Speaking anonymously to Wall Street Journal, a Navy official revealed that an “acoustic anomaly” was detected in the general area where the Titan submersible went missing (where communications were lost).

The sound was also consistent with an implosion or an explosion.

Reports of the anomaly were shared immediately with the officials leading the search, but since the sound was “not definitive”, search efforts continued.

The sounds detected by the Navy were instead used to narrow down the area of the search.

Director of the movie Titanic and deep-sea explorer James Cameron corroborated this, stating that his sources had also heard a “loud bang”.

He said that he had suspected the Titan had imploded from the start, when his sources had allegedly heard a “loud bang on the hydrophone”. 

Sonobuoys deployed by rescuers did not pick up the sound of an implosion.

Earlier in the search, it was reported that “banging noises” were picked up by these sonobuoys. However, Rear Admiral Mauger said that there did not seem to be a connection between these noises and the Titan’s location on the sea floor.

The noises could have come from underwater marine life, or by other vessels in the vicinity. It was initially suspected that the banging noises might have come from the Titan, since submersible crew are taught to bang on the hull if they are unable to communicate with the surface.

Since sound travels well in water, the banging noises can be picked up by sonar.

Doomed To Fail?

A gruelling, five-day long search has finally come to a grim conclusion, but this might not be the end for the company responsible for the submersible, OceanGate Expeditions, as they come under fire for safety concerns.

CEO Stockton Rush, one of the five crew members in the submersible, admitted to “breaking rules” in constructing the submersible.

While giving a tour of the vessel to Mexican actor Alan Estrada, Rush spoke about the eighteen-centimetre thick acrylic window, designed to allow passengers to view the Titanic’s wreckage.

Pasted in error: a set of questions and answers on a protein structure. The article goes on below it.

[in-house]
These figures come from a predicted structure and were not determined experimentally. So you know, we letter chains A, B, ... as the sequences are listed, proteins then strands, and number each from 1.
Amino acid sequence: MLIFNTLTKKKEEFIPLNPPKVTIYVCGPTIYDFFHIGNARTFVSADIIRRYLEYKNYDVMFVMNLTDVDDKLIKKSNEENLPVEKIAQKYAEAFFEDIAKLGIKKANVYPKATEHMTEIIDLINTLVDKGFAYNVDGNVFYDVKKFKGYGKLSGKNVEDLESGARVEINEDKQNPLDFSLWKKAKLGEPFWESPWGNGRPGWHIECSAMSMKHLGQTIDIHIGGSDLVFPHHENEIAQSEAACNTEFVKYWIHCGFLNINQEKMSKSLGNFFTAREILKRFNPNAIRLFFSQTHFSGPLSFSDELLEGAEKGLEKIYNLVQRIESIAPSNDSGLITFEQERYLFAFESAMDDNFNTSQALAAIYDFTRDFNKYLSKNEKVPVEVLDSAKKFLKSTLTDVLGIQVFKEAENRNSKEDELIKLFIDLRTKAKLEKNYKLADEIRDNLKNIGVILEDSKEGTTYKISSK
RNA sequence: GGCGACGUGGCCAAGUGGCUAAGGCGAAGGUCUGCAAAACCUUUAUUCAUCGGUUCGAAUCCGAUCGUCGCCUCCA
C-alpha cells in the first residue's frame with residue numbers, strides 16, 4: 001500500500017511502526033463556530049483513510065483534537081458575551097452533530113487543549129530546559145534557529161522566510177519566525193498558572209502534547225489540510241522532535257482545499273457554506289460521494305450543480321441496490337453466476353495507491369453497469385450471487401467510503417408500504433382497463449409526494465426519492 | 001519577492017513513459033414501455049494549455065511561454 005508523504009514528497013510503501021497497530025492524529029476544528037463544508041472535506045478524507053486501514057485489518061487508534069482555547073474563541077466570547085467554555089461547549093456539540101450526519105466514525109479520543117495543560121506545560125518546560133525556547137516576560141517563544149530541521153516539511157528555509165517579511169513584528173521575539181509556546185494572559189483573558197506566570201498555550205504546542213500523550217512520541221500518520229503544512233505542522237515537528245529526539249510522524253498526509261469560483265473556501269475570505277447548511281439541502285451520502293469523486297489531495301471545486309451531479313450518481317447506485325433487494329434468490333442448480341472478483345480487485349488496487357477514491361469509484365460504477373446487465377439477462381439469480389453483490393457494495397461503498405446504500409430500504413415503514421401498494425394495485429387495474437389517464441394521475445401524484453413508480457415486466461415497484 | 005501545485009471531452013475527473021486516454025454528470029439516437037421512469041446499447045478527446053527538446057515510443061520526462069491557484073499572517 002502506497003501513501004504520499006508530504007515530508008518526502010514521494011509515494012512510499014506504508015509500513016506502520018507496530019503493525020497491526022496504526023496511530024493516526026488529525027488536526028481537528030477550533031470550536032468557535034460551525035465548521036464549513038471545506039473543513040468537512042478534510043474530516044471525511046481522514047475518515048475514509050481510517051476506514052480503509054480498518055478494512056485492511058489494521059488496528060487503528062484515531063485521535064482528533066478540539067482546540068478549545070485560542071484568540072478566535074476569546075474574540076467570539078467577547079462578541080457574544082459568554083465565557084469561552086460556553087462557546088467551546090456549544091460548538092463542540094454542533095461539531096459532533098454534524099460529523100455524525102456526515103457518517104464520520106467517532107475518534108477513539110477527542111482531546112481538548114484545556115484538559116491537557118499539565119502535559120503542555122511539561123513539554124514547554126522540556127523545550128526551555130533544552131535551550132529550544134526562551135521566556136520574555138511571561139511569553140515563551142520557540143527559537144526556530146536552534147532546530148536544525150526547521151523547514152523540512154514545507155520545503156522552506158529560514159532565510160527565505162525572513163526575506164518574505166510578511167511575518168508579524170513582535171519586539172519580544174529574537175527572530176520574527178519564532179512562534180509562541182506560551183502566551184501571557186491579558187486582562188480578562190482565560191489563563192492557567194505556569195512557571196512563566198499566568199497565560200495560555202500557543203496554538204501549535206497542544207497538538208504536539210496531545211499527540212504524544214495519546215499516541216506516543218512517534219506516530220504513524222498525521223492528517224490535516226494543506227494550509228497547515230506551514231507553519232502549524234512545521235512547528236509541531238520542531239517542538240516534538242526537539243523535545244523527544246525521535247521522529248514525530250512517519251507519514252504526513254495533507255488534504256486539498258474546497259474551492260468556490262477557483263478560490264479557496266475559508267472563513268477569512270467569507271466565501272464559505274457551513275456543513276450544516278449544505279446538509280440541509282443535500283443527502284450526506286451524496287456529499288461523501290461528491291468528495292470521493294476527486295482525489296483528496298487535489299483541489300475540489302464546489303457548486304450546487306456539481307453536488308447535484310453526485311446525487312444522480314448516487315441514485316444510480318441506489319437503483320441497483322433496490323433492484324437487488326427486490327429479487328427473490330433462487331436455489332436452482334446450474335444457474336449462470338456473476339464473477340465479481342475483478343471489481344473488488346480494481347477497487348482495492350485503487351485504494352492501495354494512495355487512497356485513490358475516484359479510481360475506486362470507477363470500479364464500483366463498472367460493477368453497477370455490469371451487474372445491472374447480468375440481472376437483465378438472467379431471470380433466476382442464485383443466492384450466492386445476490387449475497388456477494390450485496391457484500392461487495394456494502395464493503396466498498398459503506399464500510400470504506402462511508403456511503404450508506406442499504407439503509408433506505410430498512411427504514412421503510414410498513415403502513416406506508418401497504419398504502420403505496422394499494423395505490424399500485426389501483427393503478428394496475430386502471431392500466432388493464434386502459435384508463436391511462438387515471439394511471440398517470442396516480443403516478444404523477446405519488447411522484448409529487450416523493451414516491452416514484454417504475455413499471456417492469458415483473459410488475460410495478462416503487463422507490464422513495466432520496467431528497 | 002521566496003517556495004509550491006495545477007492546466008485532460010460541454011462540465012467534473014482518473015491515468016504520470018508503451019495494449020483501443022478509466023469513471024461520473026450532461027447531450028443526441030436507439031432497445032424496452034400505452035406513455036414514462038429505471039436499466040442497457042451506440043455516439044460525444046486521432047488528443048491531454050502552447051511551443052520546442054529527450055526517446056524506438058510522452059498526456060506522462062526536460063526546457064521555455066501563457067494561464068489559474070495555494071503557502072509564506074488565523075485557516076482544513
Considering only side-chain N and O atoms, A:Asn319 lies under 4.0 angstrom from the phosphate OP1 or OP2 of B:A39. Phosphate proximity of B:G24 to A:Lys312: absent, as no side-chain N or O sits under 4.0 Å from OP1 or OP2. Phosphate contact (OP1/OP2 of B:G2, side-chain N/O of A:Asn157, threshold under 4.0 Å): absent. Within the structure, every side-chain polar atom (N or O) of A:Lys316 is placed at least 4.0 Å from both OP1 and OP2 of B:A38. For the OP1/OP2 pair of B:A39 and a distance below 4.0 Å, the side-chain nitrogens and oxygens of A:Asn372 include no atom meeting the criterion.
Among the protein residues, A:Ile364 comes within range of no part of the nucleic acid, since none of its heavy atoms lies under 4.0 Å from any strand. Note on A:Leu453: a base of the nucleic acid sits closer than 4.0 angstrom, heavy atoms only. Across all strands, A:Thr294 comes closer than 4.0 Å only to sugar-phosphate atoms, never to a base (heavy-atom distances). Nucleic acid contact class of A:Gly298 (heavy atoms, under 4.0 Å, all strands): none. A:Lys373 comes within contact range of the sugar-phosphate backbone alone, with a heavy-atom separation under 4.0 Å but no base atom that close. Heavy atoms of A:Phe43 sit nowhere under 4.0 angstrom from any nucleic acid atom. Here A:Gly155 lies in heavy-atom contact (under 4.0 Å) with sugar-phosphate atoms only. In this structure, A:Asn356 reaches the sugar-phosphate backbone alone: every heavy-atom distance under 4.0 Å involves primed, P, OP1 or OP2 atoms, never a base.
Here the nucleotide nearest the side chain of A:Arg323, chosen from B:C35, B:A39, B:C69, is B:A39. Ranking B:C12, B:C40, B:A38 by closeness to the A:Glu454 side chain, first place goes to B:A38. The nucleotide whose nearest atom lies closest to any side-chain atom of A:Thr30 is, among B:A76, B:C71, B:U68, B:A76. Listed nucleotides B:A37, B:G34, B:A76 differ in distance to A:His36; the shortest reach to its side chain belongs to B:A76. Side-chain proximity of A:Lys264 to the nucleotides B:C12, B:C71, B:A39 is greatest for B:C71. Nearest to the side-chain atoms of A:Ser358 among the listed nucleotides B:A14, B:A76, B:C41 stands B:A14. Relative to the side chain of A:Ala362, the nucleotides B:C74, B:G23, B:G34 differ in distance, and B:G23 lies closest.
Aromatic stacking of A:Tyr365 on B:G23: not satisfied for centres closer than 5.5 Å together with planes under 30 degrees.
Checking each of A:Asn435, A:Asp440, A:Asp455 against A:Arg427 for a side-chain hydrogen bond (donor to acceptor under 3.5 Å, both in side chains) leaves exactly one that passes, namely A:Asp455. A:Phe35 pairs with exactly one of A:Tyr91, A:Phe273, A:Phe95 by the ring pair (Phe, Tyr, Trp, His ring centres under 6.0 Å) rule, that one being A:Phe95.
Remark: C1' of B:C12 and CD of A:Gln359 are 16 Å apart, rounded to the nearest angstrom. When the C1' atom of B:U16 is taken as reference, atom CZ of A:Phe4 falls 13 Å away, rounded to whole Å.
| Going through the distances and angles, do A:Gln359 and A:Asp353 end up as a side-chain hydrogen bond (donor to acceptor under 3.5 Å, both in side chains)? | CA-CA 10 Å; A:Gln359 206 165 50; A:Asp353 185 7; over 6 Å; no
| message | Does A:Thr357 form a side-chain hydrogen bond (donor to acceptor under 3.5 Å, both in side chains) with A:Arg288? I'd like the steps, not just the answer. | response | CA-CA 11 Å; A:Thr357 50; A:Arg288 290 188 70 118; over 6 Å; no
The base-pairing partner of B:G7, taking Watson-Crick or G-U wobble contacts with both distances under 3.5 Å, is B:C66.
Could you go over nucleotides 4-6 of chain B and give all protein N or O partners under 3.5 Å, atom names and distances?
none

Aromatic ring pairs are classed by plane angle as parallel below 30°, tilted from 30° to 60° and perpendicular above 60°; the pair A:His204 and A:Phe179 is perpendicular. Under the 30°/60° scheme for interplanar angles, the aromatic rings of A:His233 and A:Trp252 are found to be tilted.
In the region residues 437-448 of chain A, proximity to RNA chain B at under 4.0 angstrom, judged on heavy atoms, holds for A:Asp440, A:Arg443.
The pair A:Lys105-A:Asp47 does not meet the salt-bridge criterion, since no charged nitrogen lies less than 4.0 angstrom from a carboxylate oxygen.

Admitting in the clip that he had “broken some rules” to make the submersible, he said that the window gets “squeezed in” by water pressure as the sub descends.

He spoke his now-(in)famous line in the video too: “If you just want to be safe, don’t get out of bed.”

Since the submersible went missing, its safety has come under scrutiny. 

These concerns date back to 2018, where experts, including a former OceanGate employee, raised concerns about the Titan’s safety.

That year, former employee David Lochridge and Oceangate filed lawsuits against each other. 

Lochridge pointed out safety issues stemming from the design of the hull and its ability to withstand the crushing pressure of the ocean. 

After discussions, Lochridge found OceanGate’s design decisions unacceptable, and refused to authorise a manned journey without further testing. OceanGate then fired him.

The Marine Technology Society’s (MTS) chairman raised similar safety concerns, since OceanGate had neglected to follow standard industry protocol in designing and testing the submersible.

The Titan submersible was also not certified under the DNV-GL, a certification issued by Norwegian foundation Det Norske Veritas widely seen as the gold standard for marine equipment like it. 

The sub was only certified to withstand pressure at a depth of 1,300 metres, though it was claimed the Titan was able to descend to a depth of 4,000 metres.

Not Safe From Lawsuits

OceanGate might not be safe from lawsuits either, despite the liability waiver that passengers had to sign to board the vessel.

A report by Reuters states that these waivers are “not always ironclad”, and judges can shoot them down if evidence of gross negligence is found. 

It is also possible all aspects of the vessel’s design were not fully disclosed to passengers, or the submersible was operated with the knowledge that it was not suitable to undertake the expedition. 

So, families of the deceased might be able to file a lawsuit against OceanGate, though it is currently unclear if OceanGate is able to pay significant damages. 

OceanGate might also be able to shield itself from paying any damages by requesting that courts limit damages to the present value of the vessel.

Because the Titan is completely destroyed, that value amounts to zero.

If OceanGate chooses this path, the company will be required to prove that it did not know of possible defects of the Titan at all.